Other researchers such as H. Mallery, Walters, Lineham, Charles H. Hapgood and Richard W. Stracham, assure without any hesitation that the Piri Reis maps were drawn with the help of aerial photographs, taken at high altitude from a satellite. and made from a point located above the City of Cairo. Similar conclusions were reached by the sadly disappeared French space scientist and NASA collaborator Maurice Chatelain, who claimed that these maps represented a flat projection of the spherical surface of the Earth as it could be seen today by an astronaut located at a great height about Egypt. Interestingly, a photo obtained by a satellite on the vertical of Cairo at a height of 4,300 kilometers, shows the same deformation of the coasts as the copies of Piri Reis.

Professor Sarton of Harvard University conducted a comprehensive study of the scales and distances of Piri Reis’s work. In his final report he ensured that the distances between the different points were exact, always taking the Greek stage measurement (1 stage = 186 meters) as a scale, the scale used by the Turkish navigator was extracted from the measurement of the Earth’s circumference by the wise Eratosthenes in the 3rd century BC . These data corroborated what was exposed by Piri Reis himself, and that is that the antiquity of the original maps from which he copied, dated back to the time of Alexander the Great .

Cartographic Importance

For historians, the most interesting thing about the map is that one of its sources is a Colombian map seized from a Spanish sailor by the Turkish fleet in 1501. It is assumed that Piri Reis continued to trace North America and the Caribbean islands. to a large extent that map (original of Christopher Columbus or of someone who participated in his first expeditions), and would thus reflect the cosmographic vision of Columbus in the fullness of his discovery stage. In that sense, it would be a unique map (because the original source, along with the rest of the Colombian maps, has been lost).

Actual scope

Real scope

Going into detail a bit, this is the area of ​​the map that Piri Reis is supposed to have drawn based on an original Colombian map. In any case, the map does reflect Colon’s cosmography, mixing the discoveries of the new territories with medieval maps that represent an imaginary coast of Asia in the place where North America should be.

Starting from the south we have a large island painted in red with a parrot perched on top. It’s probably Trinidad (a little misplaced). From there, the continental stretches of coast are rather hypothetical until reaching Colombia, where the curve that forms the Gulf of Darien and the Atlantic coasts of Panama , Costa Rica and Nicaragua is well described .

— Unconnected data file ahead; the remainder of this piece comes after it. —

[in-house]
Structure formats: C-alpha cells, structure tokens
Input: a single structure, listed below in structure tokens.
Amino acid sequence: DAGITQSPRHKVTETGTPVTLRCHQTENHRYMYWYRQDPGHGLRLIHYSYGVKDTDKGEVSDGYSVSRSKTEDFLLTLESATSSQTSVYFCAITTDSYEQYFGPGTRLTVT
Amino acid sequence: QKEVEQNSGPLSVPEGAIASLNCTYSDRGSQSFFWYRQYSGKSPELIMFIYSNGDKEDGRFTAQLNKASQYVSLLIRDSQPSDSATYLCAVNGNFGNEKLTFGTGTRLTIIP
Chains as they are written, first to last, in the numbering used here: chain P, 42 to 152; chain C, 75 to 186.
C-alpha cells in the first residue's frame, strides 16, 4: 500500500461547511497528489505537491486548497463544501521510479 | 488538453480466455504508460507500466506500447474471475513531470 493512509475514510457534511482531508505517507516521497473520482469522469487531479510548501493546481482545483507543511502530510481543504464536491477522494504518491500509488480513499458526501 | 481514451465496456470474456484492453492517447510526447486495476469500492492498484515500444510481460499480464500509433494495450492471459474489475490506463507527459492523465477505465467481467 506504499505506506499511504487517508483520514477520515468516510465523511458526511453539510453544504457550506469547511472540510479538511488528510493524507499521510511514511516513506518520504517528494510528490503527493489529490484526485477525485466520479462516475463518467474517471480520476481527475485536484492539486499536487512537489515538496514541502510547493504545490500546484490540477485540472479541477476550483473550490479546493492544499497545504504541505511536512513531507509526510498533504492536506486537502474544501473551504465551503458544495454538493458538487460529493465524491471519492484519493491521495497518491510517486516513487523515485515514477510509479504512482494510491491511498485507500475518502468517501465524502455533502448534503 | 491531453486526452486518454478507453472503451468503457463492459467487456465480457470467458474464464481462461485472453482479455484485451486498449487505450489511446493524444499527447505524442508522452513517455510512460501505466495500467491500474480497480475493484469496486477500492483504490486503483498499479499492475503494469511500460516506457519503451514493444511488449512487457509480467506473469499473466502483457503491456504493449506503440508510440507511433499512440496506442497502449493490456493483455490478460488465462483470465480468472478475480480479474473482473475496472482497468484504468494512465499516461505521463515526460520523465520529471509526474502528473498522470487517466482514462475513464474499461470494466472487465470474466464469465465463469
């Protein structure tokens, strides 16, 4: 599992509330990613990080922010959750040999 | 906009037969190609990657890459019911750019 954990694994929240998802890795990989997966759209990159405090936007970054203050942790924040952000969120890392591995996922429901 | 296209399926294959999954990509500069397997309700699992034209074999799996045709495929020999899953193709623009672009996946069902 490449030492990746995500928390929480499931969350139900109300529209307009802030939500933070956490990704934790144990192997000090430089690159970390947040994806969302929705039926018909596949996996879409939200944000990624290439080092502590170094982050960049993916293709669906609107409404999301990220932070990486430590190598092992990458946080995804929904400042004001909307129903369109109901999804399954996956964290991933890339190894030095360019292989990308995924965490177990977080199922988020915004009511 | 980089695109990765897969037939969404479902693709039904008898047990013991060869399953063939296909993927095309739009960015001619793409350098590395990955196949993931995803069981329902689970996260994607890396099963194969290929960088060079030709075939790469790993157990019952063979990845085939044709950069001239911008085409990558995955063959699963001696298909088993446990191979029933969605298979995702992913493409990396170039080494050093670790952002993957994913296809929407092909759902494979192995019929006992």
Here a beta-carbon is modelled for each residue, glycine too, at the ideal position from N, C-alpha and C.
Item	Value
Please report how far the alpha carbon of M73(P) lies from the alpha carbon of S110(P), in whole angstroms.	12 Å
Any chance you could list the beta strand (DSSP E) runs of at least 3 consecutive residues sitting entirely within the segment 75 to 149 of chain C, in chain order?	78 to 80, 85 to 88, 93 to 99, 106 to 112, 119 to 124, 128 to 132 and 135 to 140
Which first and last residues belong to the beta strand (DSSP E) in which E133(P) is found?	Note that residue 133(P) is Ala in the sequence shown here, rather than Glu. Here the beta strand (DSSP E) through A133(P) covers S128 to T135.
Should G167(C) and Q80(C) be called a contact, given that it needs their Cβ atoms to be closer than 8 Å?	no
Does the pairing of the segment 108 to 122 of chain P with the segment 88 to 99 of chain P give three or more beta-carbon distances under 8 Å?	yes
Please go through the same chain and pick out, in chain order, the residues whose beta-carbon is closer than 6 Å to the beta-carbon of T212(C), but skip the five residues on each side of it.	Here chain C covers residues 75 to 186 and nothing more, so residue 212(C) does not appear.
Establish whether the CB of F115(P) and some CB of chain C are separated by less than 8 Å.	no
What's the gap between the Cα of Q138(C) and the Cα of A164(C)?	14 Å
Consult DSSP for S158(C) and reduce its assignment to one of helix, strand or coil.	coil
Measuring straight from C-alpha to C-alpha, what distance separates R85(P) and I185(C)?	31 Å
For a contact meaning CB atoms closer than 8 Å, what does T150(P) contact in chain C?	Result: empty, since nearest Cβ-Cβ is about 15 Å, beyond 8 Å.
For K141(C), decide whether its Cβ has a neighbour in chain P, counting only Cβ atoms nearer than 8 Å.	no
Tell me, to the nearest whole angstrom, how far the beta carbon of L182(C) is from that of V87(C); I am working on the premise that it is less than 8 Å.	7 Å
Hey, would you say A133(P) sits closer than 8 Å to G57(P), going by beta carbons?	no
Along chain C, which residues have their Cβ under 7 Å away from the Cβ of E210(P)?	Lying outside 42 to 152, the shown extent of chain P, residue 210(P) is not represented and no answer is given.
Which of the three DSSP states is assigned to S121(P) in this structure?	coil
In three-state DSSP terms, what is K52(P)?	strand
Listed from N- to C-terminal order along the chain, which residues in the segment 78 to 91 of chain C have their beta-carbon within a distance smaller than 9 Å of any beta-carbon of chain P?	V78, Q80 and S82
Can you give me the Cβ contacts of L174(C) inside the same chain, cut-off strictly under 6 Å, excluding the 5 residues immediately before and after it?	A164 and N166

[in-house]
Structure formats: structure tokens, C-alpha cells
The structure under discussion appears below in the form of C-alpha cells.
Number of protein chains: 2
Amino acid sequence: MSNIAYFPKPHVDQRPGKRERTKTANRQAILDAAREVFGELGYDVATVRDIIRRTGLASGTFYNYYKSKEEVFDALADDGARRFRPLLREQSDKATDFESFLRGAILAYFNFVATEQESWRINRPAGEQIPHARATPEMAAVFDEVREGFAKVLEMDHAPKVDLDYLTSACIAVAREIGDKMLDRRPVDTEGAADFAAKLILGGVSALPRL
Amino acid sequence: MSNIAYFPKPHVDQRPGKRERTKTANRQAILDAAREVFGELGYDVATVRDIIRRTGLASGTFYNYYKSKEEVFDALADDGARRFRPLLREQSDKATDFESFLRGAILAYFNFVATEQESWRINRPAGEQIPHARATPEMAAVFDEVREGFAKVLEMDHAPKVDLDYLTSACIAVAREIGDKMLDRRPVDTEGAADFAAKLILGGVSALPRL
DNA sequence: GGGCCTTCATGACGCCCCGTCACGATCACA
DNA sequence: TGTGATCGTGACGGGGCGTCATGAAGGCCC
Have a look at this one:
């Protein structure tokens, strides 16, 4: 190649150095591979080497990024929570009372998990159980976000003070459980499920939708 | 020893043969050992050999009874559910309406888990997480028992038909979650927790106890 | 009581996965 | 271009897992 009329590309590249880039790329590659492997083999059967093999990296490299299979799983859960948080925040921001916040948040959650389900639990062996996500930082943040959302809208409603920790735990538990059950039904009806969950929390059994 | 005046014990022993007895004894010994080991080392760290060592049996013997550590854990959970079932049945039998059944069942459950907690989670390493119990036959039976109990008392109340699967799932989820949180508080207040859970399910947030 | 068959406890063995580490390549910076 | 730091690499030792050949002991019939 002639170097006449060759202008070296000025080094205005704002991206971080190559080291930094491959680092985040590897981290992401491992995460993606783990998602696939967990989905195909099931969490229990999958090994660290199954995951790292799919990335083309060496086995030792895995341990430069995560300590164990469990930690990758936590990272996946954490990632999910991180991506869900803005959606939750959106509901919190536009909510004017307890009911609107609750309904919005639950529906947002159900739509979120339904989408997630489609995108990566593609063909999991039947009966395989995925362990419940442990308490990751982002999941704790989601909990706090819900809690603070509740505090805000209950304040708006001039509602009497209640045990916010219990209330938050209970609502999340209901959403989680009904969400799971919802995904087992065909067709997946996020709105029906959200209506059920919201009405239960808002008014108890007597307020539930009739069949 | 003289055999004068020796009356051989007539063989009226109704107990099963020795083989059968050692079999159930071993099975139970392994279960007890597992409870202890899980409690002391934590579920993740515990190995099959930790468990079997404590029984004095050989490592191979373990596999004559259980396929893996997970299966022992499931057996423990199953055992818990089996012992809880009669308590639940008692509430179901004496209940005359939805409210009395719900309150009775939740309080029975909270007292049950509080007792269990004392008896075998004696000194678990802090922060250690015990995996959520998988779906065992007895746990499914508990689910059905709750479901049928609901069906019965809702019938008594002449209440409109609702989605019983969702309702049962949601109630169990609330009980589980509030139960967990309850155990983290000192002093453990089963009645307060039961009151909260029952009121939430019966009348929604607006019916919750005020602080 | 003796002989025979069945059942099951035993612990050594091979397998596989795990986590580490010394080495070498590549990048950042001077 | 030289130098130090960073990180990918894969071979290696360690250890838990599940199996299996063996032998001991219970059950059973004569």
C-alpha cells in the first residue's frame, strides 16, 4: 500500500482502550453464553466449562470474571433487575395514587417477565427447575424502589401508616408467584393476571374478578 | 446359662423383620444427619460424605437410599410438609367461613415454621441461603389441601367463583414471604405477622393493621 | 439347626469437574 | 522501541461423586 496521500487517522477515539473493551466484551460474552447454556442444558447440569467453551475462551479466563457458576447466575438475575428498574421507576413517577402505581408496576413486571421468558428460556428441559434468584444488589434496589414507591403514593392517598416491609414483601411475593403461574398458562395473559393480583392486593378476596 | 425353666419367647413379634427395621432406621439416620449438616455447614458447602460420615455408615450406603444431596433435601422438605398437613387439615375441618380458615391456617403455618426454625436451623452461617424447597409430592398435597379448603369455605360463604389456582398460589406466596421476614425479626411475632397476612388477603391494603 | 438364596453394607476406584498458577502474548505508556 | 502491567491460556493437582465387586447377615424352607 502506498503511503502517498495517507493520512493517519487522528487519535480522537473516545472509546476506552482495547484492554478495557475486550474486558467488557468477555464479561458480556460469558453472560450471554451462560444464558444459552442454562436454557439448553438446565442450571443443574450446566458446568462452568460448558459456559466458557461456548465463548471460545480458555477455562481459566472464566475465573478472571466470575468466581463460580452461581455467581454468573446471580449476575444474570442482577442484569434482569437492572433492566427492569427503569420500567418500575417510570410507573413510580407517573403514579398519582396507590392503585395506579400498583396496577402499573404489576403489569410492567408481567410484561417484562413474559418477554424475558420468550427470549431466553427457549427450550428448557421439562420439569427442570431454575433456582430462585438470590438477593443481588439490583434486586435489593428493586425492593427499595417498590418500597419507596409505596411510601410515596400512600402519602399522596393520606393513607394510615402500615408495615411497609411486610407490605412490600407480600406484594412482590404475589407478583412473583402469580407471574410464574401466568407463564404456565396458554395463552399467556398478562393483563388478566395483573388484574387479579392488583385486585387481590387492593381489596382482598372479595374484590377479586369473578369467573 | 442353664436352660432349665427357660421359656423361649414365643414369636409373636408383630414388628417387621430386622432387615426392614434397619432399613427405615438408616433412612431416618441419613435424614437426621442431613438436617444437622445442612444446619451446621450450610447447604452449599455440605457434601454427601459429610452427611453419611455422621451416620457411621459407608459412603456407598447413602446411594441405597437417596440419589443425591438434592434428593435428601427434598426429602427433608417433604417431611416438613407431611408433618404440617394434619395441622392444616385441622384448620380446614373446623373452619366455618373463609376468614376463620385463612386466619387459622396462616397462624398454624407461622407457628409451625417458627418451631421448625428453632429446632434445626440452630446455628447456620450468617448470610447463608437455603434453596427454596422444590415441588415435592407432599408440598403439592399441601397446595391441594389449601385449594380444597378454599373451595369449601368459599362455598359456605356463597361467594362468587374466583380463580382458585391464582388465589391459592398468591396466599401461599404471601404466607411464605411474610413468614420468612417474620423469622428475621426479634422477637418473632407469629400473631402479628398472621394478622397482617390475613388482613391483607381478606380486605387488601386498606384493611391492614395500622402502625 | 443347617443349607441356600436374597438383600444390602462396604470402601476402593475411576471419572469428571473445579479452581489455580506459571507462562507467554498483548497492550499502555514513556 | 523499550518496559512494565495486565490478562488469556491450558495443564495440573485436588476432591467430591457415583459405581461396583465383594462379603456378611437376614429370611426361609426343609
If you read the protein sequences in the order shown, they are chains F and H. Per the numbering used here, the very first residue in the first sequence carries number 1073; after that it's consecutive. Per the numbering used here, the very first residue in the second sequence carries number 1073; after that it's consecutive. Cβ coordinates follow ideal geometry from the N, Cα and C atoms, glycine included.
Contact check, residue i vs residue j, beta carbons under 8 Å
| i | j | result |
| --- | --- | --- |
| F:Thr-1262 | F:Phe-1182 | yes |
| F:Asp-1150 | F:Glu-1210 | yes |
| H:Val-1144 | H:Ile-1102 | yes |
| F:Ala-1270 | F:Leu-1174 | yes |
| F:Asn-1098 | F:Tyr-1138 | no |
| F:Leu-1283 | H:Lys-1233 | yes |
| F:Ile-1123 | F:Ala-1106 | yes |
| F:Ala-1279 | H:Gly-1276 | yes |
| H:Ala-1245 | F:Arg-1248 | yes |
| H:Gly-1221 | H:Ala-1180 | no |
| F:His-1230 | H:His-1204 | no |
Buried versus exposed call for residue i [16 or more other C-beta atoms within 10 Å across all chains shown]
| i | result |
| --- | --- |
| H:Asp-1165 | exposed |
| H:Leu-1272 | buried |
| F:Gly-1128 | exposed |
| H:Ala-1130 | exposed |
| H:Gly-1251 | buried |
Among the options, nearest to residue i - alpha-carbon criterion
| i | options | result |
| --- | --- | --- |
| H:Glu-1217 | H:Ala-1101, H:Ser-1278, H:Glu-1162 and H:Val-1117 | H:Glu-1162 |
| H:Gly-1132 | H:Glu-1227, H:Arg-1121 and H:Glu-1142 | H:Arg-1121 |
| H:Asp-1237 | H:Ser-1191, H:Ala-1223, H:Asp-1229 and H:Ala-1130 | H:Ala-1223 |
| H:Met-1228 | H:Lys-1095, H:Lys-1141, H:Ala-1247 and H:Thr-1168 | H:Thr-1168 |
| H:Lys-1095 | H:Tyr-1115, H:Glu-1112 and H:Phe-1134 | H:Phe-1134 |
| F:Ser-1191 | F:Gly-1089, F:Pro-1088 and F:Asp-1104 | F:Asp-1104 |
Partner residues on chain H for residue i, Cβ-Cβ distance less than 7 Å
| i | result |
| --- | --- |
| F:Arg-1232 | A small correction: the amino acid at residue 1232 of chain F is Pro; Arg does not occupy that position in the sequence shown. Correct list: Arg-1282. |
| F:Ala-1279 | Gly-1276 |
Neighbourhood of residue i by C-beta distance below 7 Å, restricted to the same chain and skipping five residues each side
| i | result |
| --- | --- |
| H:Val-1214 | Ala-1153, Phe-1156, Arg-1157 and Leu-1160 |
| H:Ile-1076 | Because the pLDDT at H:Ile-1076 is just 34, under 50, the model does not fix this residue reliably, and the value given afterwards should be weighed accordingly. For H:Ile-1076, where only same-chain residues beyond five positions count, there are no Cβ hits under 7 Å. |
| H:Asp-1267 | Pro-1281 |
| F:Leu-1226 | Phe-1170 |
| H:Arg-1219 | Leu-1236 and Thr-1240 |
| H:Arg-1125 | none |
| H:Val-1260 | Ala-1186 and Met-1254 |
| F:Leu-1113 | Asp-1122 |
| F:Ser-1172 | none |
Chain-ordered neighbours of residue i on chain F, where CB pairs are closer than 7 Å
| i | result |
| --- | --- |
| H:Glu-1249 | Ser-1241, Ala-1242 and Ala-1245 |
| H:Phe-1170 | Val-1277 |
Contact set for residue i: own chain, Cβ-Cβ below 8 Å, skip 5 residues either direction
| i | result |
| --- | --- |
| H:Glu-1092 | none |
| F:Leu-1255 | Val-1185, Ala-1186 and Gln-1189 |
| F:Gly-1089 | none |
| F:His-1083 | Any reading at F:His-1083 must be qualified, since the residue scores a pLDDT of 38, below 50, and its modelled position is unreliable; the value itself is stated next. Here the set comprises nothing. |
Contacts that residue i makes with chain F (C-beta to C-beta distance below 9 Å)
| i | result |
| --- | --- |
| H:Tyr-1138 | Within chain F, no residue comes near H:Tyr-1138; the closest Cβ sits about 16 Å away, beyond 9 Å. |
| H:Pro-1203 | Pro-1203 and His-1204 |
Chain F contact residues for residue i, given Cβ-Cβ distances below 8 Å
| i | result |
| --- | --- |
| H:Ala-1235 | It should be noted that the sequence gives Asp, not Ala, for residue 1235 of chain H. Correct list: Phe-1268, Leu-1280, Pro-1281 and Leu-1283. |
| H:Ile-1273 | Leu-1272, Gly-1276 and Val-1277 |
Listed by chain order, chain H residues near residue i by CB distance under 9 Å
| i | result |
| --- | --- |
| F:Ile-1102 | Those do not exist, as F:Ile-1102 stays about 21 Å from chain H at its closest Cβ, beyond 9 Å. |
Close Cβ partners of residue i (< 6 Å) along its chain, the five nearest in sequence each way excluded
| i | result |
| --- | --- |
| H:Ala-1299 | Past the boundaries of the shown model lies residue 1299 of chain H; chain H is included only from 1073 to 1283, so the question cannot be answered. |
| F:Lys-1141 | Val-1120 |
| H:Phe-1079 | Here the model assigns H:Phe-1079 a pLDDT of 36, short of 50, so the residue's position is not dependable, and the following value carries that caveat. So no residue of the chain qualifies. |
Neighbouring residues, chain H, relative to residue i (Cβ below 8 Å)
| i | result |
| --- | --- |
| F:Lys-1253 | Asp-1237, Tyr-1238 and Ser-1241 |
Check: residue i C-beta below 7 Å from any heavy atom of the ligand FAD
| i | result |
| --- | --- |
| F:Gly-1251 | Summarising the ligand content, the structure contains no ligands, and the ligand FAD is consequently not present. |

Curiously, the Pacific coast that would be expected in Panama does not appear, the “South Sea”, discovered by Balboa in 1513, the same year in which the map is dated). And since it was a fairly well-known discovery, that makes us suppose that Piri Reis did not introduce modifications to his map between 1513.

On the island side, the arch formed by the Antilles is perfectly defined (labeled as the “Eleven Virgins” on the map). Puerto Rico appears as a slightly larger rectangular island painted in yellow, and to its left is another large island (the shape of which is vaguely reminiscent of present-day Iceland) representing Hispaniola.

So far so good. The first curiosity comes when we find Cuba (the fortress seen on the continental coast) as being part of the continent. In 1,513 almost everyone already knew that Cuba was an island. It appears drawn as such on the maps of Juan de la Cosa 1500 and Cantino 1502. But against general opinion Piri Reis drew it as part of the continent. why? Probably because he gave more credit to the original Colombian map that was in his possession than to the last drawn maps that circulated in Europe at the time. An error that can be explained by his faith in Columbus as an authority.

The layout of the North American coast to the north of Cuba does not present any mystery. It is a copy of the famous globe of Martin Behaim 1492 or any other map related to it. The only curious thing is that this coastline in the original maps represents the East coast of Asia , China , Katay and in this map of Piri Reis it appears next to the newly discovered new islands, clearly showing the Colombian idea that the New World discovered in reality was the coast of Asia, idea otherwise quite common at the time as we have already seen.

The huge red painted island that appears off the coast of North America is the mythical island of Antilia, very common in medieval cartography. And the most curious thing is the huge fish that appears drawn to the North of the map, which indicates that Piri Reis knew some of the legends of the European Nordic sailors.